The main aim of this workshop is to provide a platform to national and international researchers working on the endangered, minority, and indigenous languages of Pakistan.

The known linguist, Mr. Henrik Liljegren who has worked on languages spoken in Chitral will be speaking about ‘Languages and Geography in Northern Pakistan; Areal Typology made Practical’. Other sessions will be facilitated by experts like Augusto Cacopardo, Alberto Cacopardo, Gregory Cooper and Naseem Haider.

The virtual (Zoom) workshop is funded by the National Science Foundation, USA to be held on October 16, 2021 starting at 8:00 am. Please use this link to participate


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Meeting ID: 889 5908 1967

Passcode: 763735


For other details of the workshop, please click  

The Wakhi language community of Boroghil valley in Upper Chitral held a literary program, the first ever of its kind in the area. The event was attended by the young and senior poets, writers and singers of the Wakhi community. The event was followed by a musical night. More than 50 people from the community were present on the occasion. The program started with interviews of senior Wakhi poets who inspired young people to use their language for literary activities. These people talked especially about the evolution of Wakhi language and culture and shared their memories with youth. An informal poetry session ensued, providing opportunity to the young poets to express themselves in front of their parents, teachers and community elders. The event was concluded with a musical program which involved youth and elders alike. The participants appreciated FLI for holding the event and resolved to play their part for strengthening their language.

The Wakhi language is spoken in the sparsely populated upper portions of four of the northernmost valleys in Pakistan: Hunza (Gojal), Ishkoman, Yasin, and Boroghil. The latter is located in Upper Chitral District while the others are in the Gilgit-Baltistan (GB). The community youth claim that there were 1500 people in Boroghil who speak Wakhi as their mother tongue. Wakhi in GB is a literary language but a lot of work needs to be done for the language in Chitral. The educated people of the community in Chitral show commitment to work for the language who approach FLI for assistance. FLI will continue to encourage the youth from the Wakhi community and more engagement activities will take place in future so that the language could be strengthened by involving the community.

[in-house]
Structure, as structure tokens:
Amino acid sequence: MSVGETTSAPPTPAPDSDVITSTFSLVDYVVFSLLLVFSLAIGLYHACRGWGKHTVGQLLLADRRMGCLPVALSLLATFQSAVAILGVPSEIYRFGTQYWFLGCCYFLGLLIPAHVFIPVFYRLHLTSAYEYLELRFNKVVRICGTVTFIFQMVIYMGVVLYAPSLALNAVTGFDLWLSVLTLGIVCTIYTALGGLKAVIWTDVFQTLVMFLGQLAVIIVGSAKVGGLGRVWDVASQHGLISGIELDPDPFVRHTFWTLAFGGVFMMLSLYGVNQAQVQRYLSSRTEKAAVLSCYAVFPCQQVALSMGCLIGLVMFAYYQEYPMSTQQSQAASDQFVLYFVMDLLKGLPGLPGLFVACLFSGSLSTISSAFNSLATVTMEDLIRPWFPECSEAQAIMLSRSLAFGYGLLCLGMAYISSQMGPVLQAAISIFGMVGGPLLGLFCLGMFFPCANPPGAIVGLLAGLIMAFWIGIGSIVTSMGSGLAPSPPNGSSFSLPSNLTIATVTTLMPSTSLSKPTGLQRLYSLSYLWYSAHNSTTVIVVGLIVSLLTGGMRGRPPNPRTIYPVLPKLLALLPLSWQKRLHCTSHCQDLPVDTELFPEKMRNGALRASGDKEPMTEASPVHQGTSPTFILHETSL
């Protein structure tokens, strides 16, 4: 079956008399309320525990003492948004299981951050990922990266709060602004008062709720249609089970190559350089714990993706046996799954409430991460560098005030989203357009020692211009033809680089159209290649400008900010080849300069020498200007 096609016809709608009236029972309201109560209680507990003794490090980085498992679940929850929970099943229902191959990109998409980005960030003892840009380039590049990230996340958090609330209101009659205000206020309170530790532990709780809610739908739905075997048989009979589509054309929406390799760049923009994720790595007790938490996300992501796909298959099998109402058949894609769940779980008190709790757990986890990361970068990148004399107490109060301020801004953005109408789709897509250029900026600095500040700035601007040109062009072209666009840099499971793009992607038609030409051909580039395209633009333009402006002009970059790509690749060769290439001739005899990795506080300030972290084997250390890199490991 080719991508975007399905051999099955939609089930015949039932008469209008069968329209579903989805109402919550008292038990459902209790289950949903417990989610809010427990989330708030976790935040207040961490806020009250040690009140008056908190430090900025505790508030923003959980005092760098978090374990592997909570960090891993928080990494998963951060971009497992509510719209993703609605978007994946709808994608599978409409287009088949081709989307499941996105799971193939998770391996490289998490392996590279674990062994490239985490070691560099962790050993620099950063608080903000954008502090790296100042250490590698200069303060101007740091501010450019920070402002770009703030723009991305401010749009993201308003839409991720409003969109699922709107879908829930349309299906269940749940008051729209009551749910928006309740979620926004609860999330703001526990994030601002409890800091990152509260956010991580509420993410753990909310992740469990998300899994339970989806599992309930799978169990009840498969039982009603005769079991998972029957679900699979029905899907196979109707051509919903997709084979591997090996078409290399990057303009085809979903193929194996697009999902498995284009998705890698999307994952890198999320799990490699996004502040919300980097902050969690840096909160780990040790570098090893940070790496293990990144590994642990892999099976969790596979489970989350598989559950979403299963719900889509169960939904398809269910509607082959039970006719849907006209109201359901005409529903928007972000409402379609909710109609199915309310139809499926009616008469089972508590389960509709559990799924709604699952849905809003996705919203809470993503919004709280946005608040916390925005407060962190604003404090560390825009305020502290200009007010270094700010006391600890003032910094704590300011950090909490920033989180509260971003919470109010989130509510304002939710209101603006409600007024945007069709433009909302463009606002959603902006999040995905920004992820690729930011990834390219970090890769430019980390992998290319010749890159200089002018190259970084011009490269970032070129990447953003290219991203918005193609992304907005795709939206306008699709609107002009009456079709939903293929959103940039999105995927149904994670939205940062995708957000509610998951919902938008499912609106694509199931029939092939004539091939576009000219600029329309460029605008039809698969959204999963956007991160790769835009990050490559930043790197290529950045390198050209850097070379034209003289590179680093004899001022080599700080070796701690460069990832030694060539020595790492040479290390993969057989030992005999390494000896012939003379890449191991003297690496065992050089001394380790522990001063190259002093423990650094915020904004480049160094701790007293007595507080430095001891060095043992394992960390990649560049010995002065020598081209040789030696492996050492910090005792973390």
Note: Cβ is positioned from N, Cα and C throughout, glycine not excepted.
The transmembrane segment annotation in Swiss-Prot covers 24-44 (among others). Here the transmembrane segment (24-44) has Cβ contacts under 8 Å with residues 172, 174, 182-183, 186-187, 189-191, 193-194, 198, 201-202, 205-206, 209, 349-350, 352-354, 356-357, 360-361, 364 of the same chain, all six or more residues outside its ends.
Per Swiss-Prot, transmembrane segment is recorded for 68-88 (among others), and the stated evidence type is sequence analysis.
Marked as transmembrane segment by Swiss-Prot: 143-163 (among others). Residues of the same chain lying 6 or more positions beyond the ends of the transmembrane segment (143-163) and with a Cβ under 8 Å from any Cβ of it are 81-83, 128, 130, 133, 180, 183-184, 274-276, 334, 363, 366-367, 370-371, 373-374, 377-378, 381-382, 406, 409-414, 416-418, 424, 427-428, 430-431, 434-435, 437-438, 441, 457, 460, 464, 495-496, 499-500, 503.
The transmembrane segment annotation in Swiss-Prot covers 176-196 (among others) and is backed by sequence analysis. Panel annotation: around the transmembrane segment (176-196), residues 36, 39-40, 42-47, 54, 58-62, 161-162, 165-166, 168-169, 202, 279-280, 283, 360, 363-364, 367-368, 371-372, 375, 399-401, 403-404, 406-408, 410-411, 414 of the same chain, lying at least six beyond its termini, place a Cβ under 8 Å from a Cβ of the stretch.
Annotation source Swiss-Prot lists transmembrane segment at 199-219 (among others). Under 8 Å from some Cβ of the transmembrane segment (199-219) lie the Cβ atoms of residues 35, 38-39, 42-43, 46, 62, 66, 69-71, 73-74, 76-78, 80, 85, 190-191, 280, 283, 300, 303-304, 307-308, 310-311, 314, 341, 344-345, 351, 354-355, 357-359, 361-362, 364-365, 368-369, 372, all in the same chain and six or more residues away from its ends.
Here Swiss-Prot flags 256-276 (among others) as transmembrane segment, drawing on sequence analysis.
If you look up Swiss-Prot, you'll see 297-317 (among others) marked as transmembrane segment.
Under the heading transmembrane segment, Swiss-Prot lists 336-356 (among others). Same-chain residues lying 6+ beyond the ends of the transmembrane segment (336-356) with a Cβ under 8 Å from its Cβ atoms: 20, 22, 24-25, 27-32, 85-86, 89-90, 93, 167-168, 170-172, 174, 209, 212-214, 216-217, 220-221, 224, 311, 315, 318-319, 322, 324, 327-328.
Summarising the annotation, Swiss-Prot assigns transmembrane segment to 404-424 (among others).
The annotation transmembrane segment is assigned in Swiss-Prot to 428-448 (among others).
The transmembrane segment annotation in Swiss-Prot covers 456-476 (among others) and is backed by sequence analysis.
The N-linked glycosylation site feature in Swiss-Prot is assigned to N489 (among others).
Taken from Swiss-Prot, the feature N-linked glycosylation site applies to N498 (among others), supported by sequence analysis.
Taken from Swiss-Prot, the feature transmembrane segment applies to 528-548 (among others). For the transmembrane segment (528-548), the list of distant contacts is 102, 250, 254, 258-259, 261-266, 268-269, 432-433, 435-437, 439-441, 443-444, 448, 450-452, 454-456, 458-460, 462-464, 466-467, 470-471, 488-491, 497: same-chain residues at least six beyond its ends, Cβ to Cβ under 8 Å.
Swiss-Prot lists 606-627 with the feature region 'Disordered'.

FLI started the standardization work for the languages spoken in its target area (Northern Pakistan) with initiation of steps to standardize the spelling system of Khowar language. The three-day workshop, jointly held with the Mother tongue Initiative for Education and Research (MIER) and the Anjuman Taraqqi-i-Khowar (ATK)  took off in Chitral town today taking up the introduction of spell checking on digital devices for the language. Availability of spellchecker to the writers of the language will facilitate writing of Khowar language on digital devices providing consistency in the writing system and unified orthography. Some known Khowar writers, researchers and activists named Prof Mumtaz Hussain,  Javed Iqbal, Afsar Ali Khan and Farid Ahmad Raza were among those attending the activity. FLI is being represented by its executive director, Fakhruddin Akhunzada in the event.

The lesser known languages of the region face issues like chaotic spelling system where the writers find no standardized phrasing to follow while writing their manuscripts which hinders the evolution of writing system by confusing the readers and new writers. To make the writing system orderly, reaching an agreement on a unified writing system is of high importance which will lay foundation of a smooth evolution. For the purpose the on-going initiative has been started. During this first step, around twenty thousand words of Khowar have been collected from various printed/ published materials which will be standardized to be used in future on digital devices.  Later on, the inflicted form of the words will be added and the number of words will be raised to forty thousands.

The Khowar Language was first used to write a century ago, and so far, hundreds of books and journals have been published in language. The language is also part of government school curriculum and is taught up to the grade 5 in government schools in the province. More than half a million people speak Khowar in Chitral, Gilgit-Baltistan and Swat as their native language.